Wednesday, April 6, 2011

Rhus integrifolia--Lemonadeberry--Anacardiaceae

This shrub is called "Lemonadeberry" because the berries can be used to make a drink a bit like lemonade. It is flowering now at the UC Botanical Garden. Beautiful pink and white fragrant flowers!

Rhus is in the same family as poison oak. If you get the sap on your skin, it can cause an allergic reaction.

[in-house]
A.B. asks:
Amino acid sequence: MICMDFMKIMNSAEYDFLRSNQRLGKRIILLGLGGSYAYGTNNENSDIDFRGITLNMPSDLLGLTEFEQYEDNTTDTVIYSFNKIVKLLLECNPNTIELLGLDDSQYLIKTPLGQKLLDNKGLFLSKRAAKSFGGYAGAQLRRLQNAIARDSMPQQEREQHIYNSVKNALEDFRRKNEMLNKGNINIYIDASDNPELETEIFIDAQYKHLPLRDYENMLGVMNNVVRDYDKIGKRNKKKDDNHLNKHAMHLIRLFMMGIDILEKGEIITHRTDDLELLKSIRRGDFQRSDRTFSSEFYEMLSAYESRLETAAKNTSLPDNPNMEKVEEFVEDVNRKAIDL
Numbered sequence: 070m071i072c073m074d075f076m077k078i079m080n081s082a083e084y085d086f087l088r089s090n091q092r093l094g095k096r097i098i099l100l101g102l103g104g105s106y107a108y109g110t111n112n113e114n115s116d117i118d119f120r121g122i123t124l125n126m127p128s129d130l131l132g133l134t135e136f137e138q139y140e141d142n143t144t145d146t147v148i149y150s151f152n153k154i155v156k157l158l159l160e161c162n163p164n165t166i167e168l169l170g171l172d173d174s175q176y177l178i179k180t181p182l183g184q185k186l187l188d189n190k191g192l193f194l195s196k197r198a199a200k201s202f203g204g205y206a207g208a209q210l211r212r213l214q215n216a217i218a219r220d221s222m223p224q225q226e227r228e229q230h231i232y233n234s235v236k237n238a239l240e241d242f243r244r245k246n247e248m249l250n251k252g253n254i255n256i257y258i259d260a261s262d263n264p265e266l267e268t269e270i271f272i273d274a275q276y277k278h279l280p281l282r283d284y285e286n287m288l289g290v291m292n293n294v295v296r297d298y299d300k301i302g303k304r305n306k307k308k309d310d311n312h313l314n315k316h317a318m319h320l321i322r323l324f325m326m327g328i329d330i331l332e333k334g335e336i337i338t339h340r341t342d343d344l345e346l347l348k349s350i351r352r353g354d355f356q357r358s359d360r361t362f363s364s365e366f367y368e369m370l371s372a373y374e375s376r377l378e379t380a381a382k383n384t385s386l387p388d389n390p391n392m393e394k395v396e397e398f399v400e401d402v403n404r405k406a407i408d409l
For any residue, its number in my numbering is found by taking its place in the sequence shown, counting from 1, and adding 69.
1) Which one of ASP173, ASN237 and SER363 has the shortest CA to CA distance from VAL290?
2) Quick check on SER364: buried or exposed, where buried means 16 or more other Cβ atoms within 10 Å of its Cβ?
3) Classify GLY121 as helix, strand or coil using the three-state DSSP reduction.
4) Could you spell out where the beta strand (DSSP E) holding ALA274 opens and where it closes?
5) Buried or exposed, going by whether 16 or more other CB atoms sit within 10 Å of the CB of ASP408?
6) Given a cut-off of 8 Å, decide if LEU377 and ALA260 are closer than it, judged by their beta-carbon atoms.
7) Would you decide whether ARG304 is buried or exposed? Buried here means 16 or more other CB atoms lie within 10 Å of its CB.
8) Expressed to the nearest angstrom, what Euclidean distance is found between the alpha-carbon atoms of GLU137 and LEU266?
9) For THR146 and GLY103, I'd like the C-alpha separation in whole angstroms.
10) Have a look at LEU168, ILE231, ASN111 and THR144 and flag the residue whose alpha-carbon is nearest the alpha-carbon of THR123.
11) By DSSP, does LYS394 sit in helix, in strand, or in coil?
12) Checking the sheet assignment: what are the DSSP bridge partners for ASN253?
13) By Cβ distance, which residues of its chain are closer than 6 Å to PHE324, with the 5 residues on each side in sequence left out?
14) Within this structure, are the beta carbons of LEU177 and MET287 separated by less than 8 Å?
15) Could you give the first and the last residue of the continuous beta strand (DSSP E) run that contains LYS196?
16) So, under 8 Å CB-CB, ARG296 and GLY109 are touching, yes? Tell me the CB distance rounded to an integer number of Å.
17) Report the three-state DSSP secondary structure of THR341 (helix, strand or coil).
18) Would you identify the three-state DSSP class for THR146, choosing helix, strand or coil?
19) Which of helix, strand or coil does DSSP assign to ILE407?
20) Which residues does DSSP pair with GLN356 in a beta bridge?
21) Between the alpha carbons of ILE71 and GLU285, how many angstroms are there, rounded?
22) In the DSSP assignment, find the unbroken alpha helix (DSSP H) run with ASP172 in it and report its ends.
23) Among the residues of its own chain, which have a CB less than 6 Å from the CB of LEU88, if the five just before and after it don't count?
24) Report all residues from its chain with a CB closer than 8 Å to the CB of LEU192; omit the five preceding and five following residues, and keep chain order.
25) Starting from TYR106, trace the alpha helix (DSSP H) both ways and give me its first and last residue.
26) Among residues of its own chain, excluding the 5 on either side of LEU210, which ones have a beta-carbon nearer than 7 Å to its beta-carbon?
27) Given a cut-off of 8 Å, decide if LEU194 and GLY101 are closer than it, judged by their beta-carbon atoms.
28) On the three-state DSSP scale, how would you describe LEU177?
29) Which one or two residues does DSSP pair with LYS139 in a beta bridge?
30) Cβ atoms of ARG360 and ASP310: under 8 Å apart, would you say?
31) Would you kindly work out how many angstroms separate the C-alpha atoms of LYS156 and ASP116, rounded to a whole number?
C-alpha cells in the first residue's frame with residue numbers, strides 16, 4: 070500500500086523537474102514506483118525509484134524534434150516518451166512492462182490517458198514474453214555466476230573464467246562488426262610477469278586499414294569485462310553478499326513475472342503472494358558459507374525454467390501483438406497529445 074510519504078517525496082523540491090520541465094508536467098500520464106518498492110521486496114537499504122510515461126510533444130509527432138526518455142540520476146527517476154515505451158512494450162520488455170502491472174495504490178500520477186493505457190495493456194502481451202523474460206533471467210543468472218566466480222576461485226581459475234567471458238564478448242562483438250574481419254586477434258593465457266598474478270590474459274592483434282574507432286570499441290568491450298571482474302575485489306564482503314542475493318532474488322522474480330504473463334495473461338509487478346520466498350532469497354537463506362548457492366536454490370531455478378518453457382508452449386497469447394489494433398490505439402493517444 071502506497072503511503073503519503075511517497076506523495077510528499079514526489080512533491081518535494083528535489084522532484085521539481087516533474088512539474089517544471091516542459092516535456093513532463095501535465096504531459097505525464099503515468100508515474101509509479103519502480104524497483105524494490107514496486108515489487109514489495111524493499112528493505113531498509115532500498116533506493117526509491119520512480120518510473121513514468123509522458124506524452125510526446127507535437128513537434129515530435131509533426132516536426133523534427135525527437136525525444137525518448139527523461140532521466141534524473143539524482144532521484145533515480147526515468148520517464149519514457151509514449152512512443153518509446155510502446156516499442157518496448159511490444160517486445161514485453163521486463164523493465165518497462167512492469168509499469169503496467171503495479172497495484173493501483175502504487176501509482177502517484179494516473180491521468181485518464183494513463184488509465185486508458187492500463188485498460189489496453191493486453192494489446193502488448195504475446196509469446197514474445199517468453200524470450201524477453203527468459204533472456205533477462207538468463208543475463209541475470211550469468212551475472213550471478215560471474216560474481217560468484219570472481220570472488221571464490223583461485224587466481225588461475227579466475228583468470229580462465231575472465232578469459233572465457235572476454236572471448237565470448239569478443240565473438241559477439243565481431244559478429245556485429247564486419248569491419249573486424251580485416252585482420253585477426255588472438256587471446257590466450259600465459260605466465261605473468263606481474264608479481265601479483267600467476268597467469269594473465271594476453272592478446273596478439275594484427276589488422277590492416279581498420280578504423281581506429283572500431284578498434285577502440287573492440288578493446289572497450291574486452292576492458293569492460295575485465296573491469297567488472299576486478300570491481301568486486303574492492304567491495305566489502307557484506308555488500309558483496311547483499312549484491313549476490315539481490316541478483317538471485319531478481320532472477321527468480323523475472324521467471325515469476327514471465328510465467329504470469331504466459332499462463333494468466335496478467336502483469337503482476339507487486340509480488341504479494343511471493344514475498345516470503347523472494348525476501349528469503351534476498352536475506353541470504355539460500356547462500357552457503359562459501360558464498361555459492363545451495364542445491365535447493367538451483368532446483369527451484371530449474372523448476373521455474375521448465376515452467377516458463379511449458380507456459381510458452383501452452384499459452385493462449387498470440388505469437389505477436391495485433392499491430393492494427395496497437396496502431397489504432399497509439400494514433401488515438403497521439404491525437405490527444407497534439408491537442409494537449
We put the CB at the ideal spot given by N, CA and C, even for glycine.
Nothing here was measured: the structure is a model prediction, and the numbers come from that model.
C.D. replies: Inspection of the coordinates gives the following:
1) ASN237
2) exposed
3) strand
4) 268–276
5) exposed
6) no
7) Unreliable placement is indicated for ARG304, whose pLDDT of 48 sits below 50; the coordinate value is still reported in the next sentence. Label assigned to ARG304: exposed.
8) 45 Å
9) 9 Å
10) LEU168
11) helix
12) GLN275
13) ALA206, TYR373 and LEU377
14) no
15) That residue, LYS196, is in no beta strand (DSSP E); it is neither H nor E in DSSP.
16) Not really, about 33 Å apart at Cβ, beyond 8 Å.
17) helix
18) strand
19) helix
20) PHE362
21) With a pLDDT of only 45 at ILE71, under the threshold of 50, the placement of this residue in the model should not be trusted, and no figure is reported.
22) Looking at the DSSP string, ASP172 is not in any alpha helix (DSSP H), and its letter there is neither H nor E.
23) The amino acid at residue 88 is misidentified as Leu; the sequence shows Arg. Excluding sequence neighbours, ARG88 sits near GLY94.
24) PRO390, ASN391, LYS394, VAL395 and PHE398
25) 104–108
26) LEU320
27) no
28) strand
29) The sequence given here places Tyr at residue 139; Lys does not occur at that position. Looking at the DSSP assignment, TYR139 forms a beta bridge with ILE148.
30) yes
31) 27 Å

The fallen leaves can be used to make a brown dye. Oil extracted from the seeds can be used to make candles.

R. integrifolia can grow 3-25' tall and can make a nice hedge. Deer resistant. I guess maybe they are allergic to it, too. Birds eat the fruit, and butterflies use the nectar. It is frost tender, but otherwise easy to grow and good for erosion control. Drought tolerant. Native to coastal areas of Southern California.

1 comment:

Jeffrey said...

I understood that it is a foodplant for Walters' Saturnia Moth. I'd love to hear about which species of butterflies may seek nectar at its flowers.